Q. For two of the last three years, we have lost a foaling mare and had an emergency need for a nurse mare. We are trying to figure out if it might be better to keep a couple of mares at our farm that could be used as nurse mares.

I am told that not all mares work out and that some are much better at taking a foal. I have heard that the big foaling operations that keep a few nurse mares on hand and the specialty nurse mare provider farms apparently know how to pick a good nurse mare prospect. Other than being fertile and good milk producers, I assume this is based on their behavior? What type of behavior should you look for in a nurse mare prospect? We have been offered a 10-year old Thoroughbred broodmare from a rescue/retirement farm, but I don't want to end up with a mare that doesn't work out. Is it better if the nurse mare is the same breed as the foals? How long after a mare foals can she be used as a nurse mare? via e-mail

A. Your information is correct. The behavior nurse mare providers are looking for involves being somewhat unbothered when the mare's own foal is removed and readily accepting a foster foal. Some are very stressed by the removal of their own foal and will not efficiently accept the new foal. Some might not be bothered by separation from their own foal or accepting the new foal.

Most of the nurse mares I know have been big, stout mares with some draft blood, so were not the same breed as the Thoroughbred or other purebred foal. I have heard mostly two reasons for choosing drafts: They are good milk producers and they have fairly quiet, compliant temperaments. They also are not too bothered by separation from their foals and happily accept new ones. Even still, farm managers have told me that those specific good nurse mare behavioral traits run in lines.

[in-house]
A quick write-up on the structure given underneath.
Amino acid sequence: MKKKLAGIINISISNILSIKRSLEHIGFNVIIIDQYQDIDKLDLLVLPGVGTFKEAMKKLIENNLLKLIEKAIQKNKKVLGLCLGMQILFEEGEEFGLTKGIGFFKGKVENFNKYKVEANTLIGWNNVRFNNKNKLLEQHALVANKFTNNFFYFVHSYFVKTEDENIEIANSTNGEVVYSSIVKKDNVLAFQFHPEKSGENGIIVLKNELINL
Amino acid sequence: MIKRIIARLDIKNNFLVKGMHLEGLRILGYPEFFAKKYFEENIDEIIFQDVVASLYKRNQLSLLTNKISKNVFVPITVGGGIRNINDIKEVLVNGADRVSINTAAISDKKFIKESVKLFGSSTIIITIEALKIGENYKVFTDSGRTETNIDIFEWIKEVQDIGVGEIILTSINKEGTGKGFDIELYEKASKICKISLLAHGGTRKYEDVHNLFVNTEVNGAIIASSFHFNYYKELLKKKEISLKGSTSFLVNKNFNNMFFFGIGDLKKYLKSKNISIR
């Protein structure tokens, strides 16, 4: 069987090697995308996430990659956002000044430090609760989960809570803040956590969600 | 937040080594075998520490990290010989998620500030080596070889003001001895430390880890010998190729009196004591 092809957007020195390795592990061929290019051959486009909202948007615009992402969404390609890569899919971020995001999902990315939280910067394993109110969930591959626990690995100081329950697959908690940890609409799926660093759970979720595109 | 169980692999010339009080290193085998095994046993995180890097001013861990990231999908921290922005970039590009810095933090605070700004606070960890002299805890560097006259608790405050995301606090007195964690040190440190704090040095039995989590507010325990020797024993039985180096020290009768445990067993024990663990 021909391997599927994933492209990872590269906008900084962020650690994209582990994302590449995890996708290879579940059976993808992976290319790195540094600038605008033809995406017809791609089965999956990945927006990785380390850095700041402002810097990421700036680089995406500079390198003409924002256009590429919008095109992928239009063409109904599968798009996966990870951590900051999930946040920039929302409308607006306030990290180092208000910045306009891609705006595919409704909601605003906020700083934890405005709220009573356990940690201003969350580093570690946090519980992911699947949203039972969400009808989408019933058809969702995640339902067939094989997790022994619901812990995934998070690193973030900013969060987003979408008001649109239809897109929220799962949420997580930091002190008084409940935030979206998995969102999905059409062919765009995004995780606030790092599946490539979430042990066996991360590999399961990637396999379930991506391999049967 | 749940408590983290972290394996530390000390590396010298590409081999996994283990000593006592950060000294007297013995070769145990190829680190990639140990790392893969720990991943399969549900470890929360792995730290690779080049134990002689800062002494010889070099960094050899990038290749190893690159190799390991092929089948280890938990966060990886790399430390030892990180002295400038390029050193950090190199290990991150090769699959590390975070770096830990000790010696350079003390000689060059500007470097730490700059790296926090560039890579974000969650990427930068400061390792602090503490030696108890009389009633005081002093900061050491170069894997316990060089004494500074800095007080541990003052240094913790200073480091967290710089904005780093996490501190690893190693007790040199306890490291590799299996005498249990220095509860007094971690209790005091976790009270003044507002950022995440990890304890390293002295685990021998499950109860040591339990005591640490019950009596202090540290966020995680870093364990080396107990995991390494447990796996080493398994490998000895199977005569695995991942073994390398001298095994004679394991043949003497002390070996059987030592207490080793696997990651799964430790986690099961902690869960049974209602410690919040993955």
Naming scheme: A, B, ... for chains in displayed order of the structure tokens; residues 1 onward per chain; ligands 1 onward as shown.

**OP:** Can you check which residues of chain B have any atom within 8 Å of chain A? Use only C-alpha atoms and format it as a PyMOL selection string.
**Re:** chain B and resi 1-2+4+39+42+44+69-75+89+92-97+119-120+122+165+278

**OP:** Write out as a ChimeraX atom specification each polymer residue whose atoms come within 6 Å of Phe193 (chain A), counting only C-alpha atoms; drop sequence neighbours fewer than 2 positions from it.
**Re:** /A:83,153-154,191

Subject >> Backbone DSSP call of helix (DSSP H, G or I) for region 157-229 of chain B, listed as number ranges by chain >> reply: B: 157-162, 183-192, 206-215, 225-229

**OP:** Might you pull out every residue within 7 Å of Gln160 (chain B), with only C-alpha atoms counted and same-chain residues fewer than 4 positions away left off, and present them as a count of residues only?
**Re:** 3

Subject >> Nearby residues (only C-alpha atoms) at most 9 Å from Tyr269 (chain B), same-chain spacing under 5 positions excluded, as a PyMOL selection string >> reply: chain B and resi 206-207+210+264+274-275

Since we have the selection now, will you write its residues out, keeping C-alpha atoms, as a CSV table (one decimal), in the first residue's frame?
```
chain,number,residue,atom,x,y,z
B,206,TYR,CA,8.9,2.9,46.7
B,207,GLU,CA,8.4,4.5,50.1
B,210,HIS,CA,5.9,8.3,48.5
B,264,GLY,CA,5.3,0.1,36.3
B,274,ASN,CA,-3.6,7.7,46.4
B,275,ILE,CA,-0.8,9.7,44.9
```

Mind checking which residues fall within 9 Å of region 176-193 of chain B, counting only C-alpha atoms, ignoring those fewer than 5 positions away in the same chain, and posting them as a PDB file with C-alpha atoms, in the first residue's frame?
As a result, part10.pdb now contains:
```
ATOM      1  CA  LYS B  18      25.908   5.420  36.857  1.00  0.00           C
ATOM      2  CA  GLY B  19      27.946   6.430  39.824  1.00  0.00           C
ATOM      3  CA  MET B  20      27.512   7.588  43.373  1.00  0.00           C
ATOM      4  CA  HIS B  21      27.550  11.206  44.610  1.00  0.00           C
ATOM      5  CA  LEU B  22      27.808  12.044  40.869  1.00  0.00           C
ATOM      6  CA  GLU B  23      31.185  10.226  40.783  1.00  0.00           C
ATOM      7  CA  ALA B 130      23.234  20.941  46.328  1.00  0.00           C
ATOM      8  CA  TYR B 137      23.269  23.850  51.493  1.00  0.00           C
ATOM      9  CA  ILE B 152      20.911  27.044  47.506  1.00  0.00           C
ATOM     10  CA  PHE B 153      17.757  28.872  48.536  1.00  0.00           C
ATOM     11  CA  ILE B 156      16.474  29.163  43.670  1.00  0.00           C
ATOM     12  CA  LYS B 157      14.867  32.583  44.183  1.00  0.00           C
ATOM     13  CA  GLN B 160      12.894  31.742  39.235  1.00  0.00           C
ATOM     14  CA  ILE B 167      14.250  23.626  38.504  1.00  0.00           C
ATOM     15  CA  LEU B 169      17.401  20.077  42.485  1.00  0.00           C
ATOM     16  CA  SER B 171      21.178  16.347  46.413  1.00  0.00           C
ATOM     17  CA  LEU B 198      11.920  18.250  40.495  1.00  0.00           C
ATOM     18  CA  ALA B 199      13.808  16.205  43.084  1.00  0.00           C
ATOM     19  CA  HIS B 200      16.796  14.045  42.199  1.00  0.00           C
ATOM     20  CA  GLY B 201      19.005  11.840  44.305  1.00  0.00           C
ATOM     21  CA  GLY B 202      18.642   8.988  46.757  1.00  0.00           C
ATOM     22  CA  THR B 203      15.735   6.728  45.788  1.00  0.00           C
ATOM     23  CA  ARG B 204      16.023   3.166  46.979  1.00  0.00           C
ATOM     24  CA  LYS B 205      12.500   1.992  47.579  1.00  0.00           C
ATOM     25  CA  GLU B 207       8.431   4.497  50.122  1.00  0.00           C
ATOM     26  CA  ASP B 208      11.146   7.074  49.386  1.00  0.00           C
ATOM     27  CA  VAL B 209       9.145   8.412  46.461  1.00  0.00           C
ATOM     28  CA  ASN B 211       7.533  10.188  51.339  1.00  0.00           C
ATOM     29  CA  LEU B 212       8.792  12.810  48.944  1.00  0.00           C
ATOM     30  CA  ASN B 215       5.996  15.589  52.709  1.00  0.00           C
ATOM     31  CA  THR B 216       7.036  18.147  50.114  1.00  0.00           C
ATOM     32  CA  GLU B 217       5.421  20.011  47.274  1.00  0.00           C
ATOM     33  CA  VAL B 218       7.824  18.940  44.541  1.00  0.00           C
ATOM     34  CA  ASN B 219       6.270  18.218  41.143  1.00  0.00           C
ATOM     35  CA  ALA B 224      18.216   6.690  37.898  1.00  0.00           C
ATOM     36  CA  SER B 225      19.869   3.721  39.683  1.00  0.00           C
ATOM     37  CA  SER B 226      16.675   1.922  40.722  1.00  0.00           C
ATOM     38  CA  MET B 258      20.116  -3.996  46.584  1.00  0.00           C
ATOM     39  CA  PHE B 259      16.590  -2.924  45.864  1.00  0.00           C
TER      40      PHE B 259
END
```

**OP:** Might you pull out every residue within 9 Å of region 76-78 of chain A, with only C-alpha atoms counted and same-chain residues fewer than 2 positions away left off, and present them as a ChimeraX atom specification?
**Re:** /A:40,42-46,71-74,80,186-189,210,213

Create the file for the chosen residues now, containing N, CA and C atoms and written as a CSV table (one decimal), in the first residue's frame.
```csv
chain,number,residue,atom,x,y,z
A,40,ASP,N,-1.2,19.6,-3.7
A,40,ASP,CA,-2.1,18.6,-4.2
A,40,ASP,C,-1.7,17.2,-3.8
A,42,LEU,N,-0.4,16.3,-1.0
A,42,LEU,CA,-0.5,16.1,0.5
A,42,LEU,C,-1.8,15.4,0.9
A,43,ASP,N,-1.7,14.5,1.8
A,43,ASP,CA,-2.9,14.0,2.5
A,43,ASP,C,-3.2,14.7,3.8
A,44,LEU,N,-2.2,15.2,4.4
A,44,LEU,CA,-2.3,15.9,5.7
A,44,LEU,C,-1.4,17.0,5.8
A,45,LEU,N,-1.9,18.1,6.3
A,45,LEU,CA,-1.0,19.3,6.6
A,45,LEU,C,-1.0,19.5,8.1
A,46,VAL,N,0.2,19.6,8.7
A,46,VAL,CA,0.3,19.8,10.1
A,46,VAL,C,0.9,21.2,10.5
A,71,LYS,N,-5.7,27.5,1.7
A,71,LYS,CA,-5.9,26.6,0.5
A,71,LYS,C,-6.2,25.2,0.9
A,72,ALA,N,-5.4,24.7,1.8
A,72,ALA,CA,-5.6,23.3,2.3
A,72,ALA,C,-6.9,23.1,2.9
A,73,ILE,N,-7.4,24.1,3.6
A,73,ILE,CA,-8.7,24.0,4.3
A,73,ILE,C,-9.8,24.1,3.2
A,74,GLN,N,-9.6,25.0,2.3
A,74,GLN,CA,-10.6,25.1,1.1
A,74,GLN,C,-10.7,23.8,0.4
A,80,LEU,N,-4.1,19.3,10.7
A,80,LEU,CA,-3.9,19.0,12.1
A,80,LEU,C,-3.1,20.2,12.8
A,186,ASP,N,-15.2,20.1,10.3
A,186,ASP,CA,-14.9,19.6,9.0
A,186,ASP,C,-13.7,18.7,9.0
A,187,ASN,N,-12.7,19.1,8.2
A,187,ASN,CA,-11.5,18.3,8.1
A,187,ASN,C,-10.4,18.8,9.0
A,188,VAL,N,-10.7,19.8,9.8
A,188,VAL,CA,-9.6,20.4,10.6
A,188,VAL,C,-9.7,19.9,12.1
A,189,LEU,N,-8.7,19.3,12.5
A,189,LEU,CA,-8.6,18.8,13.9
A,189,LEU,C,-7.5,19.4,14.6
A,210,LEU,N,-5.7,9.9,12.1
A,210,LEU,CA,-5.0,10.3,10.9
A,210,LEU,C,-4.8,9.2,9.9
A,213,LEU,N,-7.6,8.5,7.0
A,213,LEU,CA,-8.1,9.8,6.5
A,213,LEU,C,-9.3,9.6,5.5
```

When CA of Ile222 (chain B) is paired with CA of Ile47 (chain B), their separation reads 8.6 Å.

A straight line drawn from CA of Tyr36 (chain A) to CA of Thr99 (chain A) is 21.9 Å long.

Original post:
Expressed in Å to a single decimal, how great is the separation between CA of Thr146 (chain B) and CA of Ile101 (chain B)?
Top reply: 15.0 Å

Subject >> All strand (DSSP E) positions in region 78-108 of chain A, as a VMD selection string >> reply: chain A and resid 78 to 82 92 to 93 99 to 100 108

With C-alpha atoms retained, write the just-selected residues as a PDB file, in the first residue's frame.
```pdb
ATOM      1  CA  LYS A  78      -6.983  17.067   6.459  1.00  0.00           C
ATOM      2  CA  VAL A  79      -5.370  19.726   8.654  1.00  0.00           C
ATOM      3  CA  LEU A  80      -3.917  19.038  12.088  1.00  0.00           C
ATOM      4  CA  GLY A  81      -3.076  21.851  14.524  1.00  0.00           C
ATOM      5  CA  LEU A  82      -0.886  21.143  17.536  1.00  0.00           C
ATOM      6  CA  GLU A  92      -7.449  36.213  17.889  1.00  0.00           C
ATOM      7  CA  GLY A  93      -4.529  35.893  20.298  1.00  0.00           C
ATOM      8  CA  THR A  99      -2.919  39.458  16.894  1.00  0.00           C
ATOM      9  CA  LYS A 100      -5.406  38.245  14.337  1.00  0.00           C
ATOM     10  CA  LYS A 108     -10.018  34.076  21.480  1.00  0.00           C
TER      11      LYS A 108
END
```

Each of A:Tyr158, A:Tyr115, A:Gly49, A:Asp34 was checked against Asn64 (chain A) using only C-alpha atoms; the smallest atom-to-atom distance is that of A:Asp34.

If you were going to get some nurse mares, perhaps you would be better off trying to acquire proven nurse mares or young mares from these good lines. TheHorse.com/Source (select "Nurse Mares" category) has a list of nurse mare farms. These experts at fostering foals can also better answer your questions about their recommendations for how long after parturition a mare will likely accept a foal. My experience and understanding is that the earlier the better, and after only a few days it gets more and more challenging, even in those mares that are excellent in the early days. Unless you have a large number of nurse mares, it would be tough to have one available when you need it, and that's why nurse mare farms in busy horse breeding areas are such a valuable resource. An alternative to acquiring a nurse mare is to induce lactation in a nonpregnant mare. See TheHorse.com/8204 for more information.

About the Author

Sue McDonnell, PhD, Certified AAB

Sue M. McDonnell, PhD, is a certified applied animal behaviorist and the founding head of the equine behavior program at the University of Pennsylvania's School of Veterinary Medicine. She is also the author of numerous books and articles about horse behavior and management.

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